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Dark Teas

by Lydia Kung

Any report about Hunan’s teas would be incomplete without a mention of Dark Tea. If one were to ask a Hunan person which tea their province is best known for, s/he is likely to say Dark Tea with little hesitation.

Oversize Dark Tea plaques like this one are apt to be found in tea offices.

Pillars of Dark Tea in a Changsha hotel lobby:

“Hei Cha” literally means “black tea,” but the specialty tea usage is Dark Tea. It has gained some interest here though perhaps has not joined other mainstream tea categories.

The Dark Tea factory I visited in April was established in 1958. Hunan’s appetite for Dark Tea is growing, and even gets tea leaves from its neighbor Guizhou to meet demand. The leaves are processed into primary tea that is partially oxidized and already sorted into grades, as shown at right.

Batches are then pulled as needed, going through color sorting and further oxidation. Steam is applied briefly and then the leaves are pressed into brick-shaped molds. (Empty molds shown at right.)

Some Dark Tea is sold in loose leaf form, but the preferred style is bricks. The molded teas are placed in a chamber for 3 to 4 weeks, where microbial action begins. The ensuing yellow dots (in the photo below) that appear in the tea bricks are known as “golden blossoms,” — actually a fungus — Eurotium cristatum.

After the bricks are removed from the special chamber (see photo at right), they may be stored for longer aging, allowing more “golden flowers” to develop inside the bricks, giving them higher value. It is hard to miss huge plaques of Dark Tea framed as show pieces in hotel lobbies, or the tall pillars marked as comprising up to 50 kg each. For consumers, the bricks come in 400 gram, 2 kg and 3 kg sizes.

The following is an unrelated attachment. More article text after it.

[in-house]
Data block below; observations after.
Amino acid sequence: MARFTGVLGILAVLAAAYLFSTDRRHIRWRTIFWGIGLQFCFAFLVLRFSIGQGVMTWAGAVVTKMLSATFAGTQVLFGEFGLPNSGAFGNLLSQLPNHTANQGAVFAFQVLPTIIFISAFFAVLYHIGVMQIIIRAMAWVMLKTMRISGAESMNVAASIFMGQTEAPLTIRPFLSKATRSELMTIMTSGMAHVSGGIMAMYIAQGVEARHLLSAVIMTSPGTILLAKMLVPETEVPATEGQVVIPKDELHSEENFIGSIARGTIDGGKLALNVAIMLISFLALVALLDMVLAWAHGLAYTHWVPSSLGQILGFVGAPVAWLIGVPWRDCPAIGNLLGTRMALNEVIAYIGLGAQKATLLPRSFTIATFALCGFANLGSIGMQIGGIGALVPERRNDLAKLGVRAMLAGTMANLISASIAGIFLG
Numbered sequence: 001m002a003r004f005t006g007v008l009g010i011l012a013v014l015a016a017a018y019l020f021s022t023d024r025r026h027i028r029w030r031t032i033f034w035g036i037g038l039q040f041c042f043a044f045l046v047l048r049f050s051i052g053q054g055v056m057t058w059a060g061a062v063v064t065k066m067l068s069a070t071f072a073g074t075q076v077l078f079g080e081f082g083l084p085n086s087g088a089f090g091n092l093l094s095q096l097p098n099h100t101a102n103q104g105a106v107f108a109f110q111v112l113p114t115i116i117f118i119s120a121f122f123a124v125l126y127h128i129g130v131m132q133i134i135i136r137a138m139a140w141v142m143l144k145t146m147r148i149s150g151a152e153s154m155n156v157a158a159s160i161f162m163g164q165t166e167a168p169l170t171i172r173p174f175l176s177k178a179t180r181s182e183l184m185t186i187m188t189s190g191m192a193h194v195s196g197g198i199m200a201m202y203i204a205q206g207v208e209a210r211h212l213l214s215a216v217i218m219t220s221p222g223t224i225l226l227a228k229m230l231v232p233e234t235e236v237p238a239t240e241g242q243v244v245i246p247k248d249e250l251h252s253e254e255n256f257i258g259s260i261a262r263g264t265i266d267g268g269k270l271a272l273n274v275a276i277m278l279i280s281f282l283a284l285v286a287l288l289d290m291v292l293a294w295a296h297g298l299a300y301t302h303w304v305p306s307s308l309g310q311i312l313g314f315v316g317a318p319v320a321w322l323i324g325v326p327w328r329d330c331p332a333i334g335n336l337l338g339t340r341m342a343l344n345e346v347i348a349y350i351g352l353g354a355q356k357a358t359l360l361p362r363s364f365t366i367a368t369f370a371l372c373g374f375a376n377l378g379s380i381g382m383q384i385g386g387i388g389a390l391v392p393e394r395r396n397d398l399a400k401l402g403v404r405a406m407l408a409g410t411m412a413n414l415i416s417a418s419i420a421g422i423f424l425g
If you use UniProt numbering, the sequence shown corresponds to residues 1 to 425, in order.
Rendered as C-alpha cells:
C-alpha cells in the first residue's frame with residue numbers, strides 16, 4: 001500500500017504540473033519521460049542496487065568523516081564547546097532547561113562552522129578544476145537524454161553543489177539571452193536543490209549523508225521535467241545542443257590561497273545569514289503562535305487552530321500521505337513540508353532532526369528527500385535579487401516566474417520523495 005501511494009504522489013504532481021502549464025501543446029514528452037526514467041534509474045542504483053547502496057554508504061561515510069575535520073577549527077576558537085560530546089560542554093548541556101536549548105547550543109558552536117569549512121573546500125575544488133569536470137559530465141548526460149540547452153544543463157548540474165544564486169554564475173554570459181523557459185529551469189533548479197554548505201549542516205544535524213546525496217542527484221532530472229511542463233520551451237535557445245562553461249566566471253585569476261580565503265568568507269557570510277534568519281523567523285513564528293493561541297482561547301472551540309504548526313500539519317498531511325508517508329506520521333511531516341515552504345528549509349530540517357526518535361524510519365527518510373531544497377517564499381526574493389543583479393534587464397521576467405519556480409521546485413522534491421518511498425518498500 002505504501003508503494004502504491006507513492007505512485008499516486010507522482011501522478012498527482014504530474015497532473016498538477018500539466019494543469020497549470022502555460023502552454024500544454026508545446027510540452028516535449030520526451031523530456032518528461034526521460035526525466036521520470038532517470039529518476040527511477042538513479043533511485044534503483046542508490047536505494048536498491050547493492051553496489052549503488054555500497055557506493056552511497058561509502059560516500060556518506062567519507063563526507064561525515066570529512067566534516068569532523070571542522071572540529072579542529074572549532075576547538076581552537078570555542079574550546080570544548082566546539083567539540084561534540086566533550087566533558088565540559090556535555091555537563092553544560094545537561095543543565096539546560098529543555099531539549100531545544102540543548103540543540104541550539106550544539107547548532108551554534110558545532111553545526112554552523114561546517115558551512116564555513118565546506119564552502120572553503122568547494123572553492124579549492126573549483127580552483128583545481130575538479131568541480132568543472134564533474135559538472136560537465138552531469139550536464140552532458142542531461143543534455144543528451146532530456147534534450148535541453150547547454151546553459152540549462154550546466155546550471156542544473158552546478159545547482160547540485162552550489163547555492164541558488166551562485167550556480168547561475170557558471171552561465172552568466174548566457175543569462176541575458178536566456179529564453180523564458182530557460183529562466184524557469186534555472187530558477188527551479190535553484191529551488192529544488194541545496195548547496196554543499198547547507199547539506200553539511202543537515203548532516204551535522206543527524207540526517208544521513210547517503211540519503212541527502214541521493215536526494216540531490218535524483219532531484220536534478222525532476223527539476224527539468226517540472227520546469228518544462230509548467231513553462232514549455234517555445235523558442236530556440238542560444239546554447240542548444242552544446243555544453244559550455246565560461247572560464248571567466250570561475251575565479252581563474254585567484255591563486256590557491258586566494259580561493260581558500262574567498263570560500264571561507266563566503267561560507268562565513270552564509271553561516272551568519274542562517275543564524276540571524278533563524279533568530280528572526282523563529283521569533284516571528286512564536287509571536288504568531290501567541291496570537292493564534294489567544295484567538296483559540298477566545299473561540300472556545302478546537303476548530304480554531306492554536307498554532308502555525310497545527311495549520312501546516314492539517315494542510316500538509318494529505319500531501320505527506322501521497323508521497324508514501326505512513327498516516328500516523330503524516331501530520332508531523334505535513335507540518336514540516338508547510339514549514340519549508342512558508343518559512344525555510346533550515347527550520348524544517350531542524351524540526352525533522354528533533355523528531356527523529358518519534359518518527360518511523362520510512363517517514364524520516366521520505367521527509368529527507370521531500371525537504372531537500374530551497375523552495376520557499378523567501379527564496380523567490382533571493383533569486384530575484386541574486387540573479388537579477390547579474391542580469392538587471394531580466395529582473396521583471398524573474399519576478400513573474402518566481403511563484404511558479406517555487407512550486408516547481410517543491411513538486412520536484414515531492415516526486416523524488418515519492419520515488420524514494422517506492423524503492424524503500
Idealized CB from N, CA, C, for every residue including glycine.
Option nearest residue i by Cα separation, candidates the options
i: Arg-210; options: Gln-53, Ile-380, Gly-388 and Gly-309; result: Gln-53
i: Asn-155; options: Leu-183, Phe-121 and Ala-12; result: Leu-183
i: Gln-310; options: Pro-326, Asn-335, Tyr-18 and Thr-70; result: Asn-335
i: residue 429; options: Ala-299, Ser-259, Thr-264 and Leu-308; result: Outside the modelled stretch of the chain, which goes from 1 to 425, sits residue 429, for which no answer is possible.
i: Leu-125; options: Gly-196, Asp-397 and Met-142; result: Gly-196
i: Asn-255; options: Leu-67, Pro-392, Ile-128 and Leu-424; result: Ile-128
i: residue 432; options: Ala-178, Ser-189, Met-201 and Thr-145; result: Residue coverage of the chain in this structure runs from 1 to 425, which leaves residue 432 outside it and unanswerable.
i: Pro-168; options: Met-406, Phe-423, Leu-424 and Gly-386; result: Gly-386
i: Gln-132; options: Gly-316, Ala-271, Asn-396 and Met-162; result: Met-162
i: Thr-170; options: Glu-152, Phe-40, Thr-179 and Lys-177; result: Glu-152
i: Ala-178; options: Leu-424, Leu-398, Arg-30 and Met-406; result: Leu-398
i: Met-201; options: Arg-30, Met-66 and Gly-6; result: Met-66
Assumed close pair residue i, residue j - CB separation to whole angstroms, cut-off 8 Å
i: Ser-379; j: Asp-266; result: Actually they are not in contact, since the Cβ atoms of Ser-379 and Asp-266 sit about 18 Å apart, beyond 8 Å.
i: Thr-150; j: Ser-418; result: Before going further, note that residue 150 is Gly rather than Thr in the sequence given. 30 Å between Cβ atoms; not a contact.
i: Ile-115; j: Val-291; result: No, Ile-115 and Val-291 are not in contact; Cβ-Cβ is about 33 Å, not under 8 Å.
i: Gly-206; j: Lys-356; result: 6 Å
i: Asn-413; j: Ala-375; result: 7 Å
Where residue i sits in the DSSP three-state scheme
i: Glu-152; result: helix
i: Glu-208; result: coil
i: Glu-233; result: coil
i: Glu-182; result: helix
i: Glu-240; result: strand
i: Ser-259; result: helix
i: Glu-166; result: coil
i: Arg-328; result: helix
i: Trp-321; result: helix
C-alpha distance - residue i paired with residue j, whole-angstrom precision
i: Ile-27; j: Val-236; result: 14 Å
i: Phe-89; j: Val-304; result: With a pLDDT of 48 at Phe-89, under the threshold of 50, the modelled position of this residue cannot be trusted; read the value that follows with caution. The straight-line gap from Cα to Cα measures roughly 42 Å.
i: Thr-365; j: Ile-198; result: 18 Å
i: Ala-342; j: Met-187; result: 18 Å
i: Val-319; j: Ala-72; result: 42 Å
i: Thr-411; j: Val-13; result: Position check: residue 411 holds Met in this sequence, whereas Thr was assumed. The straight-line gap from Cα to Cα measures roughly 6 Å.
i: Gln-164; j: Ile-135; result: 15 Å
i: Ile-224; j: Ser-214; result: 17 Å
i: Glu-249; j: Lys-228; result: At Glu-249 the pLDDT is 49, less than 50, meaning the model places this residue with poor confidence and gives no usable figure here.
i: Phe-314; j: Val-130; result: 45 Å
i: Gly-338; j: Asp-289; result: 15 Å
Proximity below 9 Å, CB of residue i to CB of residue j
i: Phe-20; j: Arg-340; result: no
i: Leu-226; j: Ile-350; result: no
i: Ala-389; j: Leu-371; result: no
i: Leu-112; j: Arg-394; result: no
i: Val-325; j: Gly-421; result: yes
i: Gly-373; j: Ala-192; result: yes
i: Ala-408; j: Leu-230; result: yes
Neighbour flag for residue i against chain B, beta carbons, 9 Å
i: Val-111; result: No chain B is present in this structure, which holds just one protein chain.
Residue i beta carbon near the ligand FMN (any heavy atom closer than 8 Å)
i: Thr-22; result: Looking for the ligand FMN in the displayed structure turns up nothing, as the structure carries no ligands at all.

The aging step, of course, brings to mind Puerh and how Dark Tea differs from this better known aged tea from Yunnan. A different microbial action takes place in Puerh leaves and one does not find the yellow specks that are sought after in Dark Tea. In brief:

Dark Tea Processing:
withering
de-enzyming
rolling
piling
drying
adding steam and pressing into molds
drying

Puerh Processing:
withering
de-enzyming
rolling
kneading and then separating the leaves
sun drying (primary tea)
Finishing:
sprinkling water
oxidation
drying
sorting
adding steam and pressing into molds
drying, storing

Brewing Dark Tea involves a bit more work than preparing other tea types. We saw percolators with a basket at the top to hold pieces of the brick. As the water heats, it drips over the tea. Taking note of this and that fact that many people in Hunan make this their daily tea, one company has patented a soluble Dark Tea. The powder form is more concentrated, and so if one gives credence to the tea’s beneficial properties, the soluble version is more efficacious.

Health claims aside, a properly prepared Dark Tea is amber, clear and bright in the cup. The first sip may remind one of rooibos, and with each sip, a high quality standard is smooth and slightly honeyed.

June 18, 2019